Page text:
> I beg to differ (the archives may reflect my objection last time around).
> I agree that a crime was committed.
> It was committed by the management that allowed this situation to exist.
> It is a pretty easy matter to maintain controls that make the passwords
> secure but still available to management when they need it. The
> simplest system was one of sealed envelopes in several different
> District Managers locked desks. Every now and again a manager would
> take his or her envelope out and test the passwords to see if they
> worked (usually just before the scheduled password change each month).
I don't disagree, but he should not have withheld passwords to devices
that were not his direct property when asked by a superior.
On the other hand, this gets strange. Once you're fired, just how much
can you reasonably be compelled to produce for your former employer's
convenience? And that's all this is, because no one has suggested that
the network was left nonfunctional, or that it wasn't possible for
competent engineers to gain access and control of the system.
I've seen people try to compare this to returning a cell phone or laptop,
but the fact of the matter is, those are physical devices that can be
returned. I remember passwords dating back decades. I'm not going to
forget some of them short of brain surgery or Alzheimer's. On the other
hand, there are many passwords I've forgotten entirely. If my employer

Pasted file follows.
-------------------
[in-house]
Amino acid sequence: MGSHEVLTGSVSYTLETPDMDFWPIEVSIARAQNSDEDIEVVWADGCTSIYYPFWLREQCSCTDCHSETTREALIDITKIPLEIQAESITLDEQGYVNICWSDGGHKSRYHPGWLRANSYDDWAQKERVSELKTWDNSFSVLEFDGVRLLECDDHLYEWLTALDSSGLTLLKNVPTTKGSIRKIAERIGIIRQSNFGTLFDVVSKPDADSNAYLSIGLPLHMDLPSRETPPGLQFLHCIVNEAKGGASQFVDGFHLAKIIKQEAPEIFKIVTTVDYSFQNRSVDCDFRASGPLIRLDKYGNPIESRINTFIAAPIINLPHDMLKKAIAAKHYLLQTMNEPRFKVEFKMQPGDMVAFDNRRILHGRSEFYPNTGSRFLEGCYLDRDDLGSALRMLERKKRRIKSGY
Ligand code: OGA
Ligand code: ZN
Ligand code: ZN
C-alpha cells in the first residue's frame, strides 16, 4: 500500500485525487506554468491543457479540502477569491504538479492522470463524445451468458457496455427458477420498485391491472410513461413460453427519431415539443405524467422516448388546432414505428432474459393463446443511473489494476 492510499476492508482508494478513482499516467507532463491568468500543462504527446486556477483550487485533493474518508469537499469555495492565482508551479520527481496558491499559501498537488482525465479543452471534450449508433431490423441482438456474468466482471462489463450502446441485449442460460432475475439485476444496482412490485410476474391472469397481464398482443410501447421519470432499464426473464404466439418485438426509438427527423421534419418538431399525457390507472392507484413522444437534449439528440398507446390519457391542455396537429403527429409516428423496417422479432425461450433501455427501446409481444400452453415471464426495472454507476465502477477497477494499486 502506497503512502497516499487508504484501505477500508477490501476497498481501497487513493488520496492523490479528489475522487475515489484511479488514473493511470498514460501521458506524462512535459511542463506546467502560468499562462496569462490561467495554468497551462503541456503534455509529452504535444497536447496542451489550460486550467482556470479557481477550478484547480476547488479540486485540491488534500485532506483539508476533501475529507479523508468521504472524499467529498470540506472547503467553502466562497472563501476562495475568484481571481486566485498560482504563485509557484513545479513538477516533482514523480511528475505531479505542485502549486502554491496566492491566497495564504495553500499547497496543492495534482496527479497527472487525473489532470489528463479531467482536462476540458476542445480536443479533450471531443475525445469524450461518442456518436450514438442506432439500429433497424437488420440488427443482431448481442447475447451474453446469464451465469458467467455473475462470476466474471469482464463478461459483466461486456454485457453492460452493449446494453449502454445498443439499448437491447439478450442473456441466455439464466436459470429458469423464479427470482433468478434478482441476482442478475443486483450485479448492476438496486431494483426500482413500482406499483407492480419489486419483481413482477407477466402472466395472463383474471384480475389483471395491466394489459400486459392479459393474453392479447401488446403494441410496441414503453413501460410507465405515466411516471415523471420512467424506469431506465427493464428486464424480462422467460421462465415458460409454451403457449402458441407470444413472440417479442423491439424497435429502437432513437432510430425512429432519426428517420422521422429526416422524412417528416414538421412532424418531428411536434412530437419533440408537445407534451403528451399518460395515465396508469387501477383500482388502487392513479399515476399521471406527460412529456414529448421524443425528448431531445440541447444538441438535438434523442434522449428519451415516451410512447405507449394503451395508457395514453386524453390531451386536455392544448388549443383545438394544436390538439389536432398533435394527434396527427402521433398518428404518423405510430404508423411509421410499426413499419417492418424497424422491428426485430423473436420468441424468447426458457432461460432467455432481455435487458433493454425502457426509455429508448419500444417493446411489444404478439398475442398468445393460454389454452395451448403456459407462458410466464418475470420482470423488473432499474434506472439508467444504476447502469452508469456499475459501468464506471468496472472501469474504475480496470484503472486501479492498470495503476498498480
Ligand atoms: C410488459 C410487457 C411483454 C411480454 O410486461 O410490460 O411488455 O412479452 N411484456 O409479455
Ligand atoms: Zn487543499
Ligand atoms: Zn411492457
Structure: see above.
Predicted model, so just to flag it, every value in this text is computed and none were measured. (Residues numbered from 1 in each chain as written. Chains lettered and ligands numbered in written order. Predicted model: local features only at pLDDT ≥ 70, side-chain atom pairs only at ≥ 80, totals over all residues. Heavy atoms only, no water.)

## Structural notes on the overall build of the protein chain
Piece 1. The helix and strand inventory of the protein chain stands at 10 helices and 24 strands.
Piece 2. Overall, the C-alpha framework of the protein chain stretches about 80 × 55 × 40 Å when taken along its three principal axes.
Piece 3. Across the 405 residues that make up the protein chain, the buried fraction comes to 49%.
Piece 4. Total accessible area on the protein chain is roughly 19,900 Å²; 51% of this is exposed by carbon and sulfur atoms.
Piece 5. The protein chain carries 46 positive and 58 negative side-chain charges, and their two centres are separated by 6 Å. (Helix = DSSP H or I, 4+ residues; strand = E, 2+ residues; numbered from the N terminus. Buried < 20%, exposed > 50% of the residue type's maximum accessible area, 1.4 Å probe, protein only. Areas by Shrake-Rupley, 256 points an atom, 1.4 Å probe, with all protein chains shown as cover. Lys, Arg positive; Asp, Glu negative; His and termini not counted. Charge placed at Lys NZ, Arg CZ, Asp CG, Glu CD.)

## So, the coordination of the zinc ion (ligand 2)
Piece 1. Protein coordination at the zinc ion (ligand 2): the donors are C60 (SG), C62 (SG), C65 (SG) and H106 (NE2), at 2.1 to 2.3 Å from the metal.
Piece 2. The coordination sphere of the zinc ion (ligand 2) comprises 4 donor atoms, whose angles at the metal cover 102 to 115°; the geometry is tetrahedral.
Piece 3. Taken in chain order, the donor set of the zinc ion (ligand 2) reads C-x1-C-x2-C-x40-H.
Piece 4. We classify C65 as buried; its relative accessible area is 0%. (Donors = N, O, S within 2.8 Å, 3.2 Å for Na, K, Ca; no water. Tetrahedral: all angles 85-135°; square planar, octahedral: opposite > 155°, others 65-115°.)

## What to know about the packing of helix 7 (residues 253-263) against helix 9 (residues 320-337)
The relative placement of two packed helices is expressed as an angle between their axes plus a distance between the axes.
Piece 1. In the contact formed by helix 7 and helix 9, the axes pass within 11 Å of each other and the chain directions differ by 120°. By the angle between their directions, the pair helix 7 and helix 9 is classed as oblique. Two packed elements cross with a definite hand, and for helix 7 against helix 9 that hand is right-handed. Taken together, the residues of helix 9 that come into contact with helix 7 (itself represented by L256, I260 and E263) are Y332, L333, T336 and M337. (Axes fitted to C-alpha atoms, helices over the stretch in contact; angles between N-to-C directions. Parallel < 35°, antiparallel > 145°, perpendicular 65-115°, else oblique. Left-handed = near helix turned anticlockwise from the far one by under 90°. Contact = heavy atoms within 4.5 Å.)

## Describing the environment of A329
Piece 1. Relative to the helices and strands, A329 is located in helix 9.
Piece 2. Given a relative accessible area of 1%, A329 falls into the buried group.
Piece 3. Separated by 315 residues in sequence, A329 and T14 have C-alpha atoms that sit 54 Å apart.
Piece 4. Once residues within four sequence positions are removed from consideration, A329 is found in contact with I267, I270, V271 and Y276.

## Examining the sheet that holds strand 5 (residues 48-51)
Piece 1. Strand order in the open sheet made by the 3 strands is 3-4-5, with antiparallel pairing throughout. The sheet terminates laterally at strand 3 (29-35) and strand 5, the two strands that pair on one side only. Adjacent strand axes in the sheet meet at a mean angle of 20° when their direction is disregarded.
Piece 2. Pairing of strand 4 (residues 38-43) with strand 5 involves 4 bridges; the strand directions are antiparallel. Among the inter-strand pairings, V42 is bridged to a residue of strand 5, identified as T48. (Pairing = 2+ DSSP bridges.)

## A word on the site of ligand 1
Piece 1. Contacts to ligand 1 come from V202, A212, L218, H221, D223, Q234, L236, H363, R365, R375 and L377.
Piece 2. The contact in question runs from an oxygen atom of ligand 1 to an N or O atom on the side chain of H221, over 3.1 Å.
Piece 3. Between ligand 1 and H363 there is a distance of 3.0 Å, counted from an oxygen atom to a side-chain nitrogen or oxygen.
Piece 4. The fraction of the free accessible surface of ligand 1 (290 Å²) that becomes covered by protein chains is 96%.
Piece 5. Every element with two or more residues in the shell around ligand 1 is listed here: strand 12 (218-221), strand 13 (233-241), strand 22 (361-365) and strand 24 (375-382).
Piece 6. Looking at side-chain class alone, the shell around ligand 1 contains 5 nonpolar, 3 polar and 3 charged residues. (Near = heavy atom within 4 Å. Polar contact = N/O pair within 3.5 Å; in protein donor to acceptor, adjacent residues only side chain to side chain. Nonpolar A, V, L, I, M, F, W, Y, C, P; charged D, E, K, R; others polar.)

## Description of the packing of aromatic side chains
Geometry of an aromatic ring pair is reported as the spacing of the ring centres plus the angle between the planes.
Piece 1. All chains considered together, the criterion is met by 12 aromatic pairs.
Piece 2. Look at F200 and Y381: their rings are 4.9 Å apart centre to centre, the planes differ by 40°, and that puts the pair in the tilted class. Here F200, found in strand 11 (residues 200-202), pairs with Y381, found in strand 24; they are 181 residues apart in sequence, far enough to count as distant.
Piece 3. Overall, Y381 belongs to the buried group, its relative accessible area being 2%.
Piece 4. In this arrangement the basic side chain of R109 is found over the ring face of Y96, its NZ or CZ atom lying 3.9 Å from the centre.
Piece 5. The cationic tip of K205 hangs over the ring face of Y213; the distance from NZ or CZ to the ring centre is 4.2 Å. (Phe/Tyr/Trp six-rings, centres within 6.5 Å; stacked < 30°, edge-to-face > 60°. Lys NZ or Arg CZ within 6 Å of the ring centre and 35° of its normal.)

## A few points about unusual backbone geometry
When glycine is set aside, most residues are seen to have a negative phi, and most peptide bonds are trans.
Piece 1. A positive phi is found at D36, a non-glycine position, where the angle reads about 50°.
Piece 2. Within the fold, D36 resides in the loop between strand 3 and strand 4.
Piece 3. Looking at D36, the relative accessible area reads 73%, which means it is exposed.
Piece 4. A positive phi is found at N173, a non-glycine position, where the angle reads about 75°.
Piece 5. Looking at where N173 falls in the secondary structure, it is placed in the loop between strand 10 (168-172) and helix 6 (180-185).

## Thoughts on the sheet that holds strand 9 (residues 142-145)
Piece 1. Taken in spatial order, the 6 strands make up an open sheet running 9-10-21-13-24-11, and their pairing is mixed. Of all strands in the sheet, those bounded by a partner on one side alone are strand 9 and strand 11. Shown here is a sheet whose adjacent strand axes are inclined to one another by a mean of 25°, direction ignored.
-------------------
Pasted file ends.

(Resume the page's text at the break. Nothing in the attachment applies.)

from last week comes to me today, and says, "hey, we need access to this
resource, hand over your password," maybe I still remember it, or maybe
it was written on a sheet of paper that went to the shredder when I quit.
What if it's a month, or a year, or a decade? Where does this obligation
to regurgitate information end? What if it's not simple? (Childs was
accused of handing over "useless" information, which I am interpreting to
mean that it was probably a valid password, but not the full context of
how to use it.) Need I provide information on how to dial into a remote
access server, log into a router, connect via its aux port to another
gizmo, and then from there to my final destination? To cover all possible
scenarios could be a heck of a lot of documentation to write up. Am I
expected to do that for free? What if I forgot it all? What if I went
and shredded any documentation I had at home, wiped all the data from my
laptop, all because I was trying to do the right thing by not retaining
any intellectual property?
What Childs did was wrong, but what his superiors did was ethically and
morally inexcusable - they created a scenario where he could be criminally
punished for their failure to manage their employee (and their network)
appropriately. As far as I'm concerned, they're far more guilty, but of
course they won't see the inside of a cell.
The precedents set by this case are a bit scary.
The lesson for operators should be clear: don't let a prima donna build
your network without being thoroughly involved in the process.